Yes, the Fed is a drunken reckless money-printer, and the US government has been high for years on deficit spending, but other major central banks and governments do the same or worse. The long-term trends are clear, however.
The global share of US-dollar-denominated exchange reserves ticked up to 59.5% in the first quarter of 2021, after having dropped to a 25-year low in Q4 2020, according to the IMF’s Composition of Official Foreign Exchange Reserves (COFER) data released at the end of June. Dollar-denominated foreign exchange reserves are Treasury securities, US corporate bonds, US mortgage-backed securities, US Commercial Mortgage Backed Securities, and other dollar-denominated financial assets held by foreign central banks. Q1 was a ripple in the long-term trajectory.
Since 2014, the dollar’s share has dropped 6.5 percentage points, from 66% to 59.5%, on average 1 percentage point per year. At this rate, the dollar’s share would fall below 50% over the next decade.
Two decades of unsteady decline
Since 1999, when the euro arrived, the dollar’s share of foreign exchange reserves has dropped 11.5 percentage points, from 71% to 59.5% (year-end shares, except Q1 2021):
Exchange rates between the dollar and other currencies change the valuations expressed in dollars of non-dollar reserves, such as German government bonds.
Yes, but… The Dollar Index (DXY) moved substantially since 1999, up and down, but it is now roughly back where it was in 1999.
This means that nearly all of the decline in the share of the dollar as foreign exchange reserves since 1999 was due to central banks unloading dollar-denominated assets, and not due to exchange rates (data via Investing.com):
The Fed’s own holdings of dollar-denominated assets – the $5.2 trillion in Treasury securities and $2.3 trillion in mortgage-backed securities, are not included in global foreign exchange reserves.
The dollar v. other reserve currencies
The euro, the second largest reserve currency, has been roughly anchored at a share of around 20% of global reserve currencies. In Q1 2021, it was at 20.5%. The ECB’s holdings of euro-denominated bonds are not included in the euro-denominated foreign exchange reserves.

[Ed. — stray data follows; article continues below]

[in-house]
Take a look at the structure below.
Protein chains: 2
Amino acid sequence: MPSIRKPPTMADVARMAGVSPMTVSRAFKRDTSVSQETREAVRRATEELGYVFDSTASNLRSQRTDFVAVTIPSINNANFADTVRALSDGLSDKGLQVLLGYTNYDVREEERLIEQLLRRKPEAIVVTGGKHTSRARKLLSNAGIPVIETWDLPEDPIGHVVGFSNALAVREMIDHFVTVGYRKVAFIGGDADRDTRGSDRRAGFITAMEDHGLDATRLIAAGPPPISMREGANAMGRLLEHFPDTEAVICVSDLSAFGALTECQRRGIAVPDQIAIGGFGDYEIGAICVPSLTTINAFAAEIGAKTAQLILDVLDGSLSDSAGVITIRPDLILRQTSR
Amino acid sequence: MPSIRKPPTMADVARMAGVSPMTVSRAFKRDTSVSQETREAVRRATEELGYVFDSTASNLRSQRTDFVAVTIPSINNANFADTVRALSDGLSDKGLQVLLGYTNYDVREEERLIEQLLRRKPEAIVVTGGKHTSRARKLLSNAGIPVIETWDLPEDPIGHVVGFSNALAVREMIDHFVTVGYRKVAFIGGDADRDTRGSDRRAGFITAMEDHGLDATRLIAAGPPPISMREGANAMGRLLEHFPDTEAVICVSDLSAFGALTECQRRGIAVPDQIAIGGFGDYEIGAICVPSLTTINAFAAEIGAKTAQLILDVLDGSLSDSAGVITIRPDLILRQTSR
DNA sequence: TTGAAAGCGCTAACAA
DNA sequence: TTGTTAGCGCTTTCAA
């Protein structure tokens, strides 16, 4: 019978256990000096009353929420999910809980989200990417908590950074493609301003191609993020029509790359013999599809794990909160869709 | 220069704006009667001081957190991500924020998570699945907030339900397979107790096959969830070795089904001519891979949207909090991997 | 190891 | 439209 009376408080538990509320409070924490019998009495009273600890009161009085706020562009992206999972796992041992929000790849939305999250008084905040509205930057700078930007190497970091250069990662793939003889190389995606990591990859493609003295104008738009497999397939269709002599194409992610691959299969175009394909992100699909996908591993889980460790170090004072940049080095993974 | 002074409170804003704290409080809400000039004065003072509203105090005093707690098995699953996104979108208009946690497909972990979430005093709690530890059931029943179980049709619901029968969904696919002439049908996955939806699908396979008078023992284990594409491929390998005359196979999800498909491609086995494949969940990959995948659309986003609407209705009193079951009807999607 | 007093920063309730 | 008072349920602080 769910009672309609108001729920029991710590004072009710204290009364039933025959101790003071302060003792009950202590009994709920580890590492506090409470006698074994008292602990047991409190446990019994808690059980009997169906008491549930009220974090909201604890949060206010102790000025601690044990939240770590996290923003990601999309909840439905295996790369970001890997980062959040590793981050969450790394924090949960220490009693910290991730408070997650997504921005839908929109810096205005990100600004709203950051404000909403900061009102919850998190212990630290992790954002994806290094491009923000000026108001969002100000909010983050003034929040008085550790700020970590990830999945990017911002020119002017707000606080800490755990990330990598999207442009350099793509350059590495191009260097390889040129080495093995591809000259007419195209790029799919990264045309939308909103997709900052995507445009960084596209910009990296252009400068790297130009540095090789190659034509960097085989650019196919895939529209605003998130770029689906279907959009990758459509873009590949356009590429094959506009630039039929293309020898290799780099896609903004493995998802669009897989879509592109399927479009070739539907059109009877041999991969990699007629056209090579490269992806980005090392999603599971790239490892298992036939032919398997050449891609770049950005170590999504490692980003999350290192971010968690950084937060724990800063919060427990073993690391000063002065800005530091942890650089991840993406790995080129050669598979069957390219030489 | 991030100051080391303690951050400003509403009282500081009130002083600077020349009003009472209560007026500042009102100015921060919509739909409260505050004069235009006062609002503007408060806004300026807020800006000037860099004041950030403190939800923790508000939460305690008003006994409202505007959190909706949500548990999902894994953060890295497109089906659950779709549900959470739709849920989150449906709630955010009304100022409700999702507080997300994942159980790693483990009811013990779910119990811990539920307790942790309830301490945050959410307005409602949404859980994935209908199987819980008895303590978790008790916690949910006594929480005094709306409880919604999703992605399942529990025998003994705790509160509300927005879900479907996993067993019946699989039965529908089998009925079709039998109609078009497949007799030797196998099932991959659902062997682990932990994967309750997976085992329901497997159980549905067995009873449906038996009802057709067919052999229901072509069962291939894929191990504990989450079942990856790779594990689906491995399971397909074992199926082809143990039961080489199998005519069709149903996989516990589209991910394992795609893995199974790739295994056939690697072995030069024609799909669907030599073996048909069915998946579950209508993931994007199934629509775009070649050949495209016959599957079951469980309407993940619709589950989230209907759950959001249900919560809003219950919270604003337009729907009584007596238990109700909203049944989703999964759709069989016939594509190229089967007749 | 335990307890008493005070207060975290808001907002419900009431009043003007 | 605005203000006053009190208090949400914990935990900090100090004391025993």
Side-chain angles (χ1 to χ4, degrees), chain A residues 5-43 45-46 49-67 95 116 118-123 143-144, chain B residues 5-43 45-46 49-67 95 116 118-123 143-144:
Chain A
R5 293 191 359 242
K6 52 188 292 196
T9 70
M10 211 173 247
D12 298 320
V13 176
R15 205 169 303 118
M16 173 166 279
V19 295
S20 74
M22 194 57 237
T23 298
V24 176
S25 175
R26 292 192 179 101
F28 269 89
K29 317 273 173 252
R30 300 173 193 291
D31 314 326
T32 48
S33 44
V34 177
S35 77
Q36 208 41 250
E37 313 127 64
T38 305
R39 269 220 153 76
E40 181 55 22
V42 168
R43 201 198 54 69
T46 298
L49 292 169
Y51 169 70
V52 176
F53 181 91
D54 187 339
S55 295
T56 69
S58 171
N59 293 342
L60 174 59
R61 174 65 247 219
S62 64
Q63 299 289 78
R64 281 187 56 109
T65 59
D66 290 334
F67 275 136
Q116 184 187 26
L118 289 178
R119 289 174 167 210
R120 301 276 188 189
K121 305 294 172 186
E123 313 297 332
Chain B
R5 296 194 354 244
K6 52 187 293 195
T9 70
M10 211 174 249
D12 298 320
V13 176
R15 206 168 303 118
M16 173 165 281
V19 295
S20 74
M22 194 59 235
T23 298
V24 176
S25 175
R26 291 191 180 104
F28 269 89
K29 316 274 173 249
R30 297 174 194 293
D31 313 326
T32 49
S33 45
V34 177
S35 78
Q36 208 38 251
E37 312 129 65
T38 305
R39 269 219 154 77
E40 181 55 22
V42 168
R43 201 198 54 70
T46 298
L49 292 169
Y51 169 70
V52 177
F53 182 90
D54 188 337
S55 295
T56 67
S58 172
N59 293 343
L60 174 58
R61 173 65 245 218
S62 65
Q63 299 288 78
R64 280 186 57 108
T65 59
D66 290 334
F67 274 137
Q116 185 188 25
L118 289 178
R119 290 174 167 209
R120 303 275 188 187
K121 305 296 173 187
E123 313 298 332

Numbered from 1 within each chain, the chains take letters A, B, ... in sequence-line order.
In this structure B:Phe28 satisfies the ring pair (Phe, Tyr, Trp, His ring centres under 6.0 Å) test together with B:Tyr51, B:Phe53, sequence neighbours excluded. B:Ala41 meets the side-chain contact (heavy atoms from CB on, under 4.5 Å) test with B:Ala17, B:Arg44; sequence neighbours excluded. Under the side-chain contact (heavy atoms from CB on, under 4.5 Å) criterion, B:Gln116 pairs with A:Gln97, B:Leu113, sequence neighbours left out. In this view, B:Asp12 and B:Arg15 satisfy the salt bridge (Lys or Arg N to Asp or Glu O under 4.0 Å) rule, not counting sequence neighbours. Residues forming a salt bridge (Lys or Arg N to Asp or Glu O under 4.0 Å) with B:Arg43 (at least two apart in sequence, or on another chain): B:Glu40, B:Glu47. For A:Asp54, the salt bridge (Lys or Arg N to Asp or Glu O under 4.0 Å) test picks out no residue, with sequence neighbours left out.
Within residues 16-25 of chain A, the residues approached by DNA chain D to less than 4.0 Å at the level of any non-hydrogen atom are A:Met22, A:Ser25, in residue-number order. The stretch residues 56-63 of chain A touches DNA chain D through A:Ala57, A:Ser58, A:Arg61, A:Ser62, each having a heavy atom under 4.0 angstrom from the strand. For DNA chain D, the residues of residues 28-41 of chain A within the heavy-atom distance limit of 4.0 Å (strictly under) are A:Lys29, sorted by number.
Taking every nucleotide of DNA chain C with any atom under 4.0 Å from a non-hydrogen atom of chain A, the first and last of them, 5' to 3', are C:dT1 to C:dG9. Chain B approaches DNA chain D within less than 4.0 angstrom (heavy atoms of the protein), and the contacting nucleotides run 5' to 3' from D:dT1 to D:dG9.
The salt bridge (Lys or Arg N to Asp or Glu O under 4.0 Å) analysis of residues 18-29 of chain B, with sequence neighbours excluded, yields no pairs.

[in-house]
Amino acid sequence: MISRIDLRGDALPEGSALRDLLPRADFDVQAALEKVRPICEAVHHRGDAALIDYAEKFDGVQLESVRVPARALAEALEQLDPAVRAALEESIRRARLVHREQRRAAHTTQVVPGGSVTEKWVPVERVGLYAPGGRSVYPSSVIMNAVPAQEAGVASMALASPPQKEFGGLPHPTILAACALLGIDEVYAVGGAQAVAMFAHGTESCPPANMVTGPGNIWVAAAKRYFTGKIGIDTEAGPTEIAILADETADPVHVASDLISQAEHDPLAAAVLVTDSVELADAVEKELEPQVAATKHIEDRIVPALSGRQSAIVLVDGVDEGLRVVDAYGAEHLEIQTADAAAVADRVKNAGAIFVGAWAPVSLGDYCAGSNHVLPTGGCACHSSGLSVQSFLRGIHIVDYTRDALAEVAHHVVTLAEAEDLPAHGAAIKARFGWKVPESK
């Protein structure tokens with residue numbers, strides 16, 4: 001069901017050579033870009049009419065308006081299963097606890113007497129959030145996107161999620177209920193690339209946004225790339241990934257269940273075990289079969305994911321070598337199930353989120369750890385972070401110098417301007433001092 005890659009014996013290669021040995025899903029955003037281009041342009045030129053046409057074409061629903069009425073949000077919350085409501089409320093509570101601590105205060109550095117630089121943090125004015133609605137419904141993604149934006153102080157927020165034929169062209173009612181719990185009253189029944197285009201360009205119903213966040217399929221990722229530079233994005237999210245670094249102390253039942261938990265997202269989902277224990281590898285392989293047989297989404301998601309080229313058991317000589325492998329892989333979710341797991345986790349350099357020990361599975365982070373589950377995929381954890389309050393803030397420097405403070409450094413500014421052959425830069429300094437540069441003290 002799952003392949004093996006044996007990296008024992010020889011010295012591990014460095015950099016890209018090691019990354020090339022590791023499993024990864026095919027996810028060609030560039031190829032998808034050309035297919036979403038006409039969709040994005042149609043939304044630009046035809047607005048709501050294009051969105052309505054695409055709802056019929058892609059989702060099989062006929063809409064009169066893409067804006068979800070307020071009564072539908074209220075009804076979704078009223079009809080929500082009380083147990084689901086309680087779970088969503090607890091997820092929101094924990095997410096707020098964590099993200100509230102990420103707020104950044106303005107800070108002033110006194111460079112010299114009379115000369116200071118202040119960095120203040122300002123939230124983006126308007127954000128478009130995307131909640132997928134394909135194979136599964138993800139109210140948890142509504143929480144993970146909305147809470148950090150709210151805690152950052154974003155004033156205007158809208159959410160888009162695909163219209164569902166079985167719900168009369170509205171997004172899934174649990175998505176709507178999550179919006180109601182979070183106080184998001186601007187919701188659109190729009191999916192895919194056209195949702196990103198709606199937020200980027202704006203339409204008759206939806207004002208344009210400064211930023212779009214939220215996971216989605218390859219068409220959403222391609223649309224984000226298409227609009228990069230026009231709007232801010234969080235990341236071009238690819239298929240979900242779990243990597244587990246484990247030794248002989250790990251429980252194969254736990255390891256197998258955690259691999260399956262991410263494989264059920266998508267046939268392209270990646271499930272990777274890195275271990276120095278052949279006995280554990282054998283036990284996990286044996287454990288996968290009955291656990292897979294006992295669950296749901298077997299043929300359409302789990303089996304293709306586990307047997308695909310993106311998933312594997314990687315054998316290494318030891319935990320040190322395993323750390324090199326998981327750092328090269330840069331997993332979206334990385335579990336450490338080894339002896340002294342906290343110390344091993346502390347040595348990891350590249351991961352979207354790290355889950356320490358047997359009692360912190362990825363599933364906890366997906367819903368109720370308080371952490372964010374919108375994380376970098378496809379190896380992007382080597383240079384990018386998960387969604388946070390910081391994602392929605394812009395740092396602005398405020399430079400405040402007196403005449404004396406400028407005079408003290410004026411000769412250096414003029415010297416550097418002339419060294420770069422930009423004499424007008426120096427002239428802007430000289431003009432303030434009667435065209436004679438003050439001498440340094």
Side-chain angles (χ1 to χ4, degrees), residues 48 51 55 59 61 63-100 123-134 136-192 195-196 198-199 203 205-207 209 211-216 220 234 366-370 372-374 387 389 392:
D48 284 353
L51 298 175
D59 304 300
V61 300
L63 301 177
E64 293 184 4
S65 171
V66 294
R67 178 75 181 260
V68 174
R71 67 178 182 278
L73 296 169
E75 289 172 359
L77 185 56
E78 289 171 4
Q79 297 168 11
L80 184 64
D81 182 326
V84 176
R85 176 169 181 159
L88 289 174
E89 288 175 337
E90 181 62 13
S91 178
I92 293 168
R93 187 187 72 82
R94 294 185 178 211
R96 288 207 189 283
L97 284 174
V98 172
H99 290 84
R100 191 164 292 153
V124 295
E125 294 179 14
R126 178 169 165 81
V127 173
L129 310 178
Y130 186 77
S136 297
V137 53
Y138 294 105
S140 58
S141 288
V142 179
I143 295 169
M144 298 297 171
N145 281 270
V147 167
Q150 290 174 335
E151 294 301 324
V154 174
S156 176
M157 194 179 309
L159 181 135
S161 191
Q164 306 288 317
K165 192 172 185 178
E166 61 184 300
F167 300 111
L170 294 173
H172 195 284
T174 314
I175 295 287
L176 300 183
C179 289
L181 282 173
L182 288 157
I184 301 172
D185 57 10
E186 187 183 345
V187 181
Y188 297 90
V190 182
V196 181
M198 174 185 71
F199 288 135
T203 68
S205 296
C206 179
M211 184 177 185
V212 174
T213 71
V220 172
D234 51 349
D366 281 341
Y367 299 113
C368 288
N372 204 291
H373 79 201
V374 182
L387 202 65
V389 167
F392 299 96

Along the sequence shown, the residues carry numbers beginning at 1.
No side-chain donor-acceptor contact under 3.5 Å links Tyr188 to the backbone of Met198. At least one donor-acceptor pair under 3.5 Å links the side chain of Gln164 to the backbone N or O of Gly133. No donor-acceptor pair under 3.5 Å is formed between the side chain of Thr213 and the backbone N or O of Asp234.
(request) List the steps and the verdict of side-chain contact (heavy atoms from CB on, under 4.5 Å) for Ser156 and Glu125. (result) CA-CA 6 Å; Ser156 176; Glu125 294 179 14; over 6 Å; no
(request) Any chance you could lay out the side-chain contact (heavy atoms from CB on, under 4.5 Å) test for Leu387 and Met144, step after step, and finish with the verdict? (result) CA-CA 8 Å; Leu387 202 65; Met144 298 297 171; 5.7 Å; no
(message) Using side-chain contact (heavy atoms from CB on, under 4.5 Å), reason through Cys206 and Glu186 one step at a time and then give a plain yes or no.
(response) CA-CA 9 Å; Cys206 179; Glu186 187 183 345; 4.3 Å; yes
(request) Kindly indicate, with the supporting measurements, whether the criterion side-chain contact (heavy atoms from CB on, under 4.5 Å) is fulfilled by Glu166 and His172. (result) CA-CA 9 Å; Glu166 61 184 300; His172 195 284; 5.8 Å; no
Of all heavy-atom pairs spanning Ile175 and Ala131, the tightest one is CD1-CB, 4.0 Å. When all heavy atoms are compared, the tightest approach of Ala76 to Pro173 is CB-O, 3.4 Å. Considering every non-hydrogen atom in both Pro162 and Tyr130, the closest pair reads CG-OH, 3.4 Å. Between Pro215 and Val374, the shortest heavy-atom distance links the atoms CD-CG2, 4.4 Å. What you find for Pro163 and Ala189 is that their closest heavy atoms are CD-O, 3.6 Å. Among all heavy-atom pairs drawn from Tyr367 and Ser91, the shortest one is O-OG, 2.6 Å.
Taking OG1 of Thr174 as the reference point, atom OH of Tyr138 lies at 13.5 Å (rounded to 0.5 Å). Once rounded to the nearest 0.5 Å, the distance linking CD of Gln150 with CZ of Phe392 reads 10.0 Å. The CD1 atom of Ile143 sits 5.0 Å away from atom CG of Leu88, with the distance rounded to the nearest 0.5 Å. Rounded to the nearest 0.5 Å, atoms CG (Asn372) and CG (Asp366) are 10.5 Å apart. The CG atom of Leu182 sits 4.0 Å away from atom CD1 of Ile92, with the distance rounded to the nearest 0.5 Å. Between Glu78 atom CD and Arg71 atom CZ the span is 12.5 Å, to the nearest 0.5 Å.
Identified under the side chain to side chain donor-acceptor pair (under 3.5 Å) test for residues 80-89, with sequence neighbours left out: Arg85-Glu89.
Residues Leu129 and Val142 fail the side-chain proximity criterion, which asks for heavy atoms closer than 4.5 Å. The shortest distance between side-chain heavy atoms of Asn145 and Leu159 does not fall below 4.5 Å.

All other reserve currencies combined had a share of 19.9% in Q1. The largest ones are depicted by the colorful spaghetti bunched up at the bottom. The Chinese renminbi is the short red at the bottom:
The colorful spaghetti at the bottom
Anyone who thinks the Chinese renminbi is going to knock the dollar off its hegemonic perch needs to be very patient. The renminbi’s share of global reserve currencies is growing at snail’s pace, but it is growing.
In Q1, the renminbi reached a whopping 2.45% of total reserve currencies, though China is either the largest or second largest economy in the world, depending on how the counting is done. The renminbi is in fifth position behind the US dollar (59.5%), the euro (20.6%), the yen (5.9%), and the UK pound (4.7%), and ahead of the Canadian dollar (2.1%) and the Australian dollar (1.8%).
What this tells us is that central banks around the world are leery of the renminbi and are not eager to hold renminbi-denominated bonds, though they’re dipping their toes into them.
The chart below shows the “spaghetti at the bottom” magnified, on a scale from 0% to 6%, which cuts out the dollar and the euro. Note the surge of the yen since 2015, which outpaced the slow rise of the renminbi.
Must a country with a big reserve currency have trade deficits? Nope. But the reserve currency enables it!
The economies of the second largest reserve currency (euro), the third largest (yen), and the fifth largest (renminbi) have all trade surpluses with the rest of the world, and huge trade surpluses with the US. There is no requirement that a large reserve currency must have a large trade deficit, as it is sometimes alleged.
But having the dominant reserve currency allows the US to fund its trade deficits, and this reserve currency status thereby enables the US to have those trade deficits.